Holding competitive elections and the transition of power following elections are crucial for long-term democratic consolidation. But history is replete with undemocratic post-election behavior. Refusals to honor election results have led to civil war in places such as Côte d’Ivoire, foreign military intervention in The Gambia, and now—perhaps most famously—the January 6, 2021 insurrection at the United States Capitol.
In other cases, trouble arises only after the new government has taken power. Such was the case in São Tomé and Príncipe’s capital in the early morning hours of November 25, when just after midnight residents were awoken by gunfire and explosions. A coup attempt had resulted in an hours-long gunfight between regime loyalists and would-be coupists at a local army base. When the coup ended around 6 a.m., four accused plotters were dead and the government, led by the Independent Democratic Action party (ADI), had narrowly avoided becoming Africa’s seventh regime in the last two years to be removed by a coup.
News soon emerged that two prominent Santomean figures had been among the alleged conspirators. The first was Alércio Costa, a former soldier and mercenary who had served in South Africa’s Apartheid-era 32 Battalion. The unit gained notoriety from fictionalized references in films such as Blood Diamond and Elysium, but the unit’s links to real coups has not been uncommon. Some of its veterans were linked to the infamous 2004 plot to oust the government of Equatorial Guinea, a plot which implicated foreign figures as prominent as the son of a former British Prime Minister. More relevant to the Santomean political scene, Costa was one of the primary organizers of the coup that unseated the island nation’s government for a week in August 2003. He was convicted again in 2009 for conspiring against the government.
While it is unsurprising to see Costa involved in a coup conspiracy, the second prominent figure was no soldier of fortune. Delfim Neves had unsuccessfully campaigned for the presidency in the summer of 2021 and weeks earlier had finished a stint as president of the National Assembly. That he would be arrested in conjunction with a failed coup attempt is perhaps odd at first glance, but a close reading of recent political developments provides context for his alleged involvement.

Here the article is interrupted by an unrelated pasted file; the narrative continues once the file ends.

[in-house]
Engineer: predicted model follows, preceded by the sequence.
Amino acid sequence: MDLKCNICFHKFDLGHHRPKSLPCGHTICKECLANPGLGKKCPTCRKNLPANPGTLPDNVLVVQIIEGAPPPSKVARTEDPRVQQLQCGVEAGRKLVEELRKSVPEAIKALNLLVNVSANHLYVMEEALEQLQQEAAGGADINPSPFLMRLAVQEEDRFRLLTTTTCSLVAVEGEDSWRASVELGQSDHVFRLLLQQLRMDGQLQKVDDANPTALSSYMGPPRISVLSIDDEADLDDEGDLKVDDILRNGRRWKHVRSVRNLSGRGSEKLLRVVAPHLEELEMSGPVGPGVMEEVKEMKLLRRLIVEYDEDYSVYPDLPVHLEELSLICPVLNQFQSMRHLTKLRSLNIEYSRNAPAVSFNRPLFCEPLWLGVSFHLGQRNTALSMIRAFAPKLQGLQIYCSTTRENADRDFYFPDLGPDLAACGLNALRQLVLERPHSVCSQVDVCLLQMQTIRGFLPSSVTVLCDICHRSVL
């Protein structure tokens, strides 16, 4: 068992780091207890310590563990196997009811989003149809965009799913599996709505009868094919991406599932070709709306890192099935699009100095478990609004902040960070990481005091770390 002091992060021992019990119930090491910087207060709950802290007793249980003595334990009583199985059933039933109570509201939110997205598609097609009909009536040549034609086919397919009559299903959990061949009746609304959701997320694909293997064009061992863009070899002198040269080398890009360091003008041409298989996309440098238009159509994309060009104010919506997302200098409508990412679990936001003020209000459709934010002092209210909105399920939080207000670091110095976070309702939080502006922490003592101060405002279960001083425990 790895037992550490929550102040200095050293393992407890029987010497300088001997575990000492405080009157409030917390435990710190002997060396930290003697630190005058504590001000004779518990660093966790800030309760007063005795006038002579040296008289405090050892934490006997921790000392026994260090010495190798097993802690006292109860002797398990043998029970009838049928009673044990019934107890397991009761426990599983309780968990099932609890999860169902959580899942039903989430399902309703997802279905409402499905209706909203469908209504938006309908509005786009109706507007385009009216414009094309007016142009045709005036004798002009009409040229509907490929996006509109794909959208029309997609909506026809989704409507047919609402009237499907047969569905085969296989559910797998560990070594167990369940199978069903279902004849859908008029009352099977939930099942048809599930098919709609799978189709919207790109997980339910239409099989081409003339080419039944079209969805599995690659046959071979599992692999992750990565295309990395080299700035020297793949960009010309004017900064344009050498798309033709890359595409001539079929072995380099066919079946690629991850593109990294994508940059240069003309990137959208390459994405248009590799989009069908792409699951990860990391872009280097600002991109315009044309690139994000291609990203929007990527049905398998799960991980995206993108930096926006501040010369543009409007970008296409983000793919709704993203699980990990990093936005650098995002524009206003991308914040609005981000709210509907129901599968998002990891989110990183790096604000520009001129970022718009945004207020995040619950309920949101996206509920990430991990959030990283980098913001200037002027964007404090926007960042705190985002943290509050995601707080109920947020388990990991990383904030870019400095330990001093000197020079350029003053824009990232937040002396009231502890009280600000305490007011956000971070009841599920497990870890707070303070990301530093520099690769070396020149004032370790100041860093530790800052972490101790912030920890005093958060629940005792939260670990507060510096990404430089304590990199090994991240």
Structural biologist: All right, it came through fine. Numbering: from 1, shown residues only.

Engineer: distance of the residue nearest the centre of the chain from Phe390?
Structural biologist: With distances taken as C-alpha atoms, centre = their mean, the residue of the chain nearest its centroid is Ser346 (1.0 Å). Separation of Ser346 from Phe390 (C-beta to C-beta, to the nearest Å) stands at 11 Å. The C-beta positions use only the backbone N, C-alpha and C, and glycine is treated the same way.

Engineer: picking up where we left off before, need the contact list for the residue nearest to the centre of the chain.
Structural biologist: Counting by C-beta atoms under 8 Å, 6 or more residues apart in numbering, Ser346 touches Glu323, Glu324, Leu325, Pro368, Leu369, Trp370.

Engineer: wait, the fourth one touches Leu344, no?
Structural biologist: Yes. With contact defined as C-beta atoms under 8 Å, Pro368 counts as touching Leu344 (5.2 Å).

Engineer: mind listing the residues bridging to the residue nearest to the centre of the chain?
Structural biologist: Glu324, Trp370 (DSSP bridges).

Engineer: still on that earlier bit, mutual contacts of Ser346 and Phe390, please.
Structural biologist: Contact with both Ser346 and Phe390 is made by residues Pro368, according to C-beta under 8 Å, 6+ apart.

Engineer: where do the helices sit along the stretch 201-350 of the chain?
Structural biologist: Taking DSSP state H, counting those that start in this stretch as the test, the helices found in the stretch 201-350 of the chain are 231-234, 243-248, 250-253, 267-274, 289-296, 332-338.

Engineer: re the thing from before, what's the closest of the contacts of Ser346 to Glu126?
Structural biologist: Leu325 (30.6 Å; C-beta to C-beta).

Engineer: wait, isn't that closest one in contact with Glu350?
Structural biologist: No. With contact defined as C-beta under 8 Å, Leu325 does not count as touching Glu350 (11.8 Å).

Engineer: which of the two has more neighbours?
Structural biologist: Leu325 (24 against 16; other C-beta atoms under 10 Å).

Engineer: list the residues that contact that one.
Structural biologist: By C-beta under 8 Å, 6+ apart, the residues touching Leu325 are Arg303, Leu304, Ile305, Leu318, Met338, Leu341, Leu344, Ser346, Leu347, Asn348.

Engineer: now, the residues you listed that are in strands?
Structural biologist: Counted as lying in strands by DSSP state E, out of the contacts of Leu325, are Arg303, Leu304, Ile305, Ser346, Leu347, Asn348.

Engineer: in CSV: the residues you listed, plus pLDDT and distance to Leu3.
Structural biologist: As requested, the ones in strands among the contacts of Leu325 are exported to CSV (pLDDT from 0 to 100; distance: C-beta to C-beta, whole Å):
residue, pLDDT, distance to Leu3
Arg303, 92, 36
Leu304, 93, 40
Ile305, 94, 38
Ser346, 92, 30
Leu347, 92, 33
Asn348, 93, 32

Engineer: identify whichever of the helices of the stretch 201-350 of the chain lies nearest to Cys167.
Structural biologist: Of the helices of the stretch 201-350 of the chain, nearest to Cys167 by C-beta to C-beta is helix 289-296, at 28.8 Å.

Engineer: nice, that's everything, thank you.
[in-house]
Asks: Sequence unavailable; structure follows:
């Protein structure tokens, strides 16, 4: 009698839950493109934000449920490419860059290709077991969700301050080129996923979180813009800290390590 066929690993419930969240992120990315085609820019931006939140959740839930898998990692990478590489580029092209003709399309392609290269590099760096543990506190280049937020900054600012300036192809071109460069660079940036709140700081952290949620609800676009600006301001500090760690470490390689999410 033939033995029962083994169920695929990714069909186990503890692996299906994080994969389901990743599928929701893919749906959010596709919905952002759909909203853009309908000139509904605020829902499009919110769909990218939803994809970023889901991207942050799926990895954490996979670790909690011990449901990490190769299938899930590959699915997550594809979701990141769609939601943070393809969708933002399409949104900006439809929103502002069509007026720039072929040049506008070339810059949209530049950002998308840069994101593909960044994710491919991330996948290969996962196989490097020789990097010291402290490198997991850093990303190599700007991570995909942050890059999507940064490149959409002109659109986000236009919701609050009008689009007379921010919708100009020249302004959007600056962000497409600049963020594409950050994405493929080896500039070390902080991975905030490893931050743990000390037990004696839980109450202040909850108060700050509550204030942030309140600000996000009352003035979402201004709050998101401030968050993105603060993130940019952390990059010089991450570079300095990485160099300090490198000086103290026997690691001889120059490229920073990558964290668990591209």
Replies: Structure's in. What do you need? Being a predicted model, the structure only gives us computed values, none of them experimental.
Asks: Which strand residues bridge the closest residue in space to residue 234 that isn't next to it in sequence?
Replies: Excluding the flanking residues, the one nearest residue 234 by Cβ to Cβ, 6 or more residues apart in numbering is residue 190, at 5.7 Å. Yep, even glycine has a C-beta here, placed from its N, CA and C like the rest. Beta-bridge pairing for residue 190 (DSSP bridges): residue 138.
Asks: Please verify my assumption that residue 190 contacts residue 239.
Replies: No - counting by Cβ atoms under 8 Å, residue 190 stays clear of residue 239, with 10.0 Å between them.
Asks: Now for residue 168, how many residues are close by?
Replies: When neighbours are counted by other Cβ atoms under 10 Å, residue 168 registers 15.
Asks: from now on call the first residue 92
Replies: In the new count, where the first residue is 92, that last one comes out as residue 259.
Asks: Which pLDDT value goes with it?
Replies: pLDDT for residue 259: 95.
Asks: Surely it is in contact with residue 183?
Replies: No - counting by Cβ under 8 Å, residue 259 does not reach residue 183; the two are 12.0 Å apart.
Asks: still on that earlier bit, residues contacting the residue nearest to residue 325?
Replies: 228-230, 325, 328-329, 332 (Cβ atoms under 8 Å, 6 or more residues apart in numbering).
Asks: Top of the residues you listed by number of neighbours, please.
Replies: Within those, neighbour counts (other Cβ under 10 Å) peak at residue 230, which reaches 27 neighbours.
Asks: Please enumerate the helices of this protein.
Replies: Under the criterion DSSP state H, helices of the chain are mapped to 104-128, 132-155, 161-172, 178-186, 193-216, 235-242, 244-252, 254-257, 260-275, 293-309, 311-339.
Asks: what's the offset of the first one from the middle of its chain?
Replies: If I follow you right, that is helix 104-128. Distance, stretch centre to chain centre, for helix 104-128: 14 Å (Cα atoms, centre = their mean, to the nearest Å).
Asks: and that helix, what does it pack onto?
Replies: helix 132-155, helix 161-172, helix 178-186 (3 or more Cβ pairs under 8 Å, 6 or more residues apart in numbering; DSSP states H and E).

The September parliamentary election had seen the opposition ADI take 30 of the 55 legislative seats, resulting in Neves losing his position of president of the National Assembly when the new government was installed on November 11. Reports following the November 25 coup, however, neglect to acknowledge the importance of 2021’s presidential election cycle.
Neves had—with the reported support of Costa—campaigned for the presidency but was eliminated following the July 18, 2021 first round after receiving just under 17 percent of the vote. Neves followed the lead of other recent prominent electoral losers by alleging rampant fraud and was accused of using his position as president of the National Assembly to delay the second round of voting. Neves went further by claiming that President Carvalho could not constitutionally serve beyond the end of his electoral mandate and that he, as President of the National Assembly, should become interim president in the event the election issue was not resolved. This behavior led to accusations that Neves was attempting a de facto coup d’etat.
Further complicating the runoff was an alleged plot to foment a military coup. Óscar Sousa, the Minister of Defense, was accused by the ADI of issuing an August 7 order to the armed forces to arrest the president and prime minister. While details of this order are scant, Prime Minister Jorge Bom Jesus officially requested Sousa’s dismissal, and President Carvalho quickly enforced the recommendation.
More details are sure to emerge regarding the motives and organization of the November 25 coup. But the electoral antecedents of the previous year and a half and the figures involved dramatically illustrate the danger that elections can pose. President Carlos Vila Nova was unambiguous in his reading of the cause, declaring that the coup originated with those “who do not accept election results.”
Preserving democracy in São Tomé and Príncipe, and elsewhere, will require more than efforts at coup avoidance. It will require an ongoing awareness of their threat, particularly in the aftermath of elections. It will also require an international community that demonstrates that “zero tolerance” of coups is more than just a slogan. In this regard, São Tomé and Príncipe is an informative lesson, as both of its 1995 and 2003 coups saw the coupists successfully seize power, only to be thwarted by international reactions. It is only by demonstrating the futility of coups that they will become a thing of the past.
Jonathan Powell is an associate professor in the School of Politics, Security and International Affairs at the University of Central Florida. Julia Oldershaw currently serves as a REIGN Fellow at the University of Central Florida, with her research focusing on elections and political instability in the contemporary world.